Single Photon Emission Computed Tomography (SPECT) is similar to PET and uses gamma ray emitting radioisotopes and a gamma camera to record data that a computer uses to construct two- or three-dimensional images of active brain regions (Ball). SPECT relies on an injection of radioactive tracer, which is rapidly taken up by the brain but does not redistribute. Uptake of SPECT agent is nearly 100% complete within 30 – 60s, reflecting cerebral blood flow (CBF) at the time of injection. These properties of SPECT make it particularly well suited for epilepsy imaging, which is usually made difficult by problems with patient movement and variable seizure types. SPECT provides a "snapshot" of cerebral blood flow since scans can be acquired after seizure termination (so long as the radioactive tracer was injected at the time of the seizure). A significant limitation of SPECT is its poor resolution (about 1 cm) compared to that of MRI.
Like PET, SPECT also can be used to differentiate different kinds of disease process which produce dementia, and it is increasingly used for this purpose. Neuro-PET has a disadvantage of requiring use of a tracers with half-lives of at most 110 minutes, such as FDG. These must be made in a cyclotron, and are expensive or even unavailable if necessary transport times are prolonged more than a few half-lives. SPECT, however, is able to make use of tracers with much longer half-lives, such as technetium-99m, and as a result, is far more widely available.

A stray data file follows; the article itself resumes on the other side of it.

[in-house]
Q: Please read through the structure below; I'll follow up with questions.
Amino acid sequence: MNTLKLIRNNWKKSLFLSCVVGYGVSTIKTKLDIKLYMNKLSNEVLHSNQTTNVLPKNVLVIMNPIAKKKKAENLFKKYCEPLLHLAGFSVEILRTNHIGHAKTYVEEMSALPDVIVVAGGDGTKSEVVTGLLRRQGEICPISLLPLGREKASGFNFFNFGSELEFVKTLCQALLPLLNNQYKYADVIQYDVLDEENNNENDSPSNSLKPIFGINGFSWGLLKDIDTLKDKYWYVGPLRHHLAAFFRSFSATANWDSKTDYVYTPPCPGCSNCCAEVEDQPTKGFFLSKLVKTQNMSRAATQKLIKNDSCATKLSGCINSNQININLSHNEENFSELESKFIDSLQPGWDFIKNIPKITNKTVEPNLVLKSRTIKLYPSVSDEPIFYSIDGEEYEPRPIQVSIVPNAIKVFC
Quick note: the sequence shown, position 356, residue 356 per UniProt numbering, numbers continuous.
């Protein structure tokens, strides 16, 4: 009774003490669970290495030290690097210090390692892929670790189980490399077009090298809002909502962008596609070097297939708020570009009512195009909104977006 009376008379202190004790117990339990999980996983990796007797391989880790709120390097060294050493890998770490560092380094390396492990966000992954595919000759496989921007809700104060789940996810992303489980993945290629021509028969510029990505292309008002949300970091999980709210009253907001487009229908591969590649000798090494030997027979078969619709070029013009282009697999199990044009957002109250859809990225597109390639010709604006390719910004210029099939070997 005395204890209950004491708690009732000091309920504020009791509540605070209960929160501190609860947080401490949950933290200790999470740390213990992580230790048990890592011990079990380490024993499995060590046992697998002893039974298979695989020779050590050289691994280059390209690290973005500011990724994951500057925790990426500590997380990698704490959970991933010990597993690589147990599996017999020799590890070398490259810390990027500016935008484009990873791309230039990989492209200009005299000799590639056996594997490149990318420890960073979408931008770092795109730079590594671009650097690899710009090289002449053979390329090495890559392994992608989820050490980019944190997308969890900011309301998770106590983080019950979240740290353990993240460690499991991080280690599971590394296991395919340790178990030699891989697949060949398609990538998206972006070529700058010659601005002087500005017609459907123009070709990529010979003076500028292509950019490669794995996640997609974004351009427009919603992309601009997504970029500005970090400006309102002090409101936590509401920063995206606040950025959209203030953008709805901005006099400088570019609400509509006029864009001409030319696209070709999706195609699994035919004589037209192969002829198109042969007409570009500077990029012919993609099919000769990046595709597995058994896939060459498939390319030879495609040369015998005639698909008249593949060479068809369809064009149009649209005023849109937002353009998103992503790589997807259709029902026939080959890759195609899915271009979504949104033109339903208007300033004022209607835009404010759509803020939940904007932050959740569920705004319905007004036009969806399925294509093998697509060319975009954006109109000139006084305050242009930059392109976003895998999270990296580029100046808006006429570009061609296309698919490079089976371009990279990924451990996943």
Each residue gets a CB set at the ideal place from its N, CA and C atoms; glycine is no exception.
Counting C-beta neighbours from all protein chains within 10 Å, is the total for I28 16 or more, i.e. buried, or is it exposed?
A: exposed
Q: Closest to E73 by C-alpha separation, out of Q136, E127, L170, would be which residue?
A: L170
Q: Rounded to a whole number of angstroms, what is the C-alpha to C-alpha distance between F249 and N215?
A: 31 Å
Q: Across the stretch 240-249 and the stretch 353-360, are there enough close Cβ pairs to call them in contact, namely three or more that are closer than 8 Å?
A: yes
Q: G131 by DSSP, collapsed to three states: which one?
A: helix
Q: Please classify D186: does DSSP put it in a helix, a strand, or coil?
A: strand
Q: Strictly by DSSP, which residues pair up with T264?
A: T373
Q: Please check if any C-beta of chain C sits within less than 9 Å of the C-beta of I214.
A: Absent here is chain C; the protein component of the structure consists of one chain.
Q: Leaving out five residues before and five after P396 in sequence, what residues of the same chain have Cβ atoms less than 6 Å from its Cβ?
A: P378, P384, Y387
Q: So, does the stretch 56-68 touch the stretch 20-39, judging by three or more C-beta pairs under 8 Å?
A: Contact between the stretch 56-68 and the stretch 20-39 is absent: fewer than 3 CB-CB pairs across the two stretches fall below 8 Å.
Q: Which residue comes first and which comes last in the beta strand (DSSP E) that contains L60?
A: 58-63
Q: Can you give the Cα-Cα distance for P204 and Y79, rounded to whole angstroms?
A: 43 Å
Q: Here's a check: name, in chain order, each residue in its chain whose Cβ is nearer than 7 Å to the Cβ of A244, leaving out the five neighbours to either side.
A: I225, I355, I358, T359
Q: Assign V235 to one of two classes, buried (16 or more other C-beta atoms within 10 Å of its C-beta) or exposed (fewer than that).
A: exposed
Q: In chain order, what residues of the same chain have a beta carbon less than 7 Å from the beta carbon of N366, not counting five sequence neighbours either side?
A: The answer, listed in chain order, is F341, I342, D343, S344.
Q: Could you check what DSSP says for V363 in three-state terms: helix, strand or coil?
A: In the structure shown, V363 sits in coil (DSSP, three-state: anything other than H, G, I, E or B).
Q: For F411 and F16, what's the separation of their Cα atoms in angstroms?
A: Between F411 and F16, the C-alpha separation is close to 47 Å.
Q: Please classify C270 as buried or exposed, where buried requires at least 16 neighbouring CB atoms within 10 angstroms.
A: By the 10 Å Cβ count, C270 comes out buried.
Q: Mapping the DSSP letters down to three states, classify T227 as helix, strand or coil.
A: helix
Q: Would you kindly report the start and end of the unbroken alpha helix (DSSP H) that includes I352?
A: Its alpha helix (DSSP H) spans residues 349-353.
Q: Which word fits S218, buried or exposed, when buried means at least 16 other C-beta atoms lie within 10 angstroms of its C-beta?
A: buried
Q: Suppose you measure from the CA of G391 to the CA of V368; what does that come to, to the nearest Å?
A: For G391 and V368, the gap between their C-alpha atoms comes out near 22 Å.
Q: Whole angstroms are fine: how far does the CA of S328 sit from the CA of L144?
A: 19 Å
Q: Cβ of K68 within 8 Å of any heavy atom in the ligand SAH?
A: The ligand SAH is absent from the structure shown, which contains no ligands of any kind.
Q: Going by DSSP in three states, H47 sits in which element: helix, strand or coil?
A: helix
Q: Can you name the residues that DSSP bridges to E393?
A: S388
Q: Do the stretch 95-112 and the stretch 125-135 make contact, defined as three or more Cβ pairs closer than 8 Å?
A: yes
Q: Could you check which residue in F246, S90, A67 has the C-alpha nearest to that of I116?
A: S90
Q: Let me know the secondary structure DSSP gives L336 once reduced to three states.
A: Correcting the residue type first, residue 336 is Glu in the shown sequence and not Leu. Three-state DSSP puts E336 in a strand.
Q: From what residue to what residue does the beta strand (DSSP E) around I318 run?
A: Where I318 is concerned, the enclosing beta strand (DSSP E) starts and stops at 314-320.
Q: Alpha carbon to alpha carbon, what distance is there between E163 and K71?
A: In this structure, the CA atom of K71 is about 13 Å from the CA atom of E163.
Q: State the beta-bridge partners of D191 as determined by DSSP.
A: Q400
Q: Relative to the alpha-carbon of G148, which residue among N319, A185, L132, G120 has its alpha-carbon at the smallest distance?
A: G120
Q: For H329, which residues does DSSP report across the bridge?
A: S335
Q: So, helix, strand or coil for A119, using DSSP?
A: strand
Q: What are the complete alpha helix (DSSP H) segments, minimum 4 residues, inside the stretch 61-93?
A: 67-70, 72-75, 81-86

Diffuse Optical Imaging (DOI) or Diffuse Optical Tomography (DOT) is a medical imaging modality which uses near infrared light to generate images of the body. The technique measures the optical absorption of haemoglobin, and relies on the absorption spectrum of haemoglobin varying with its oxygenation status.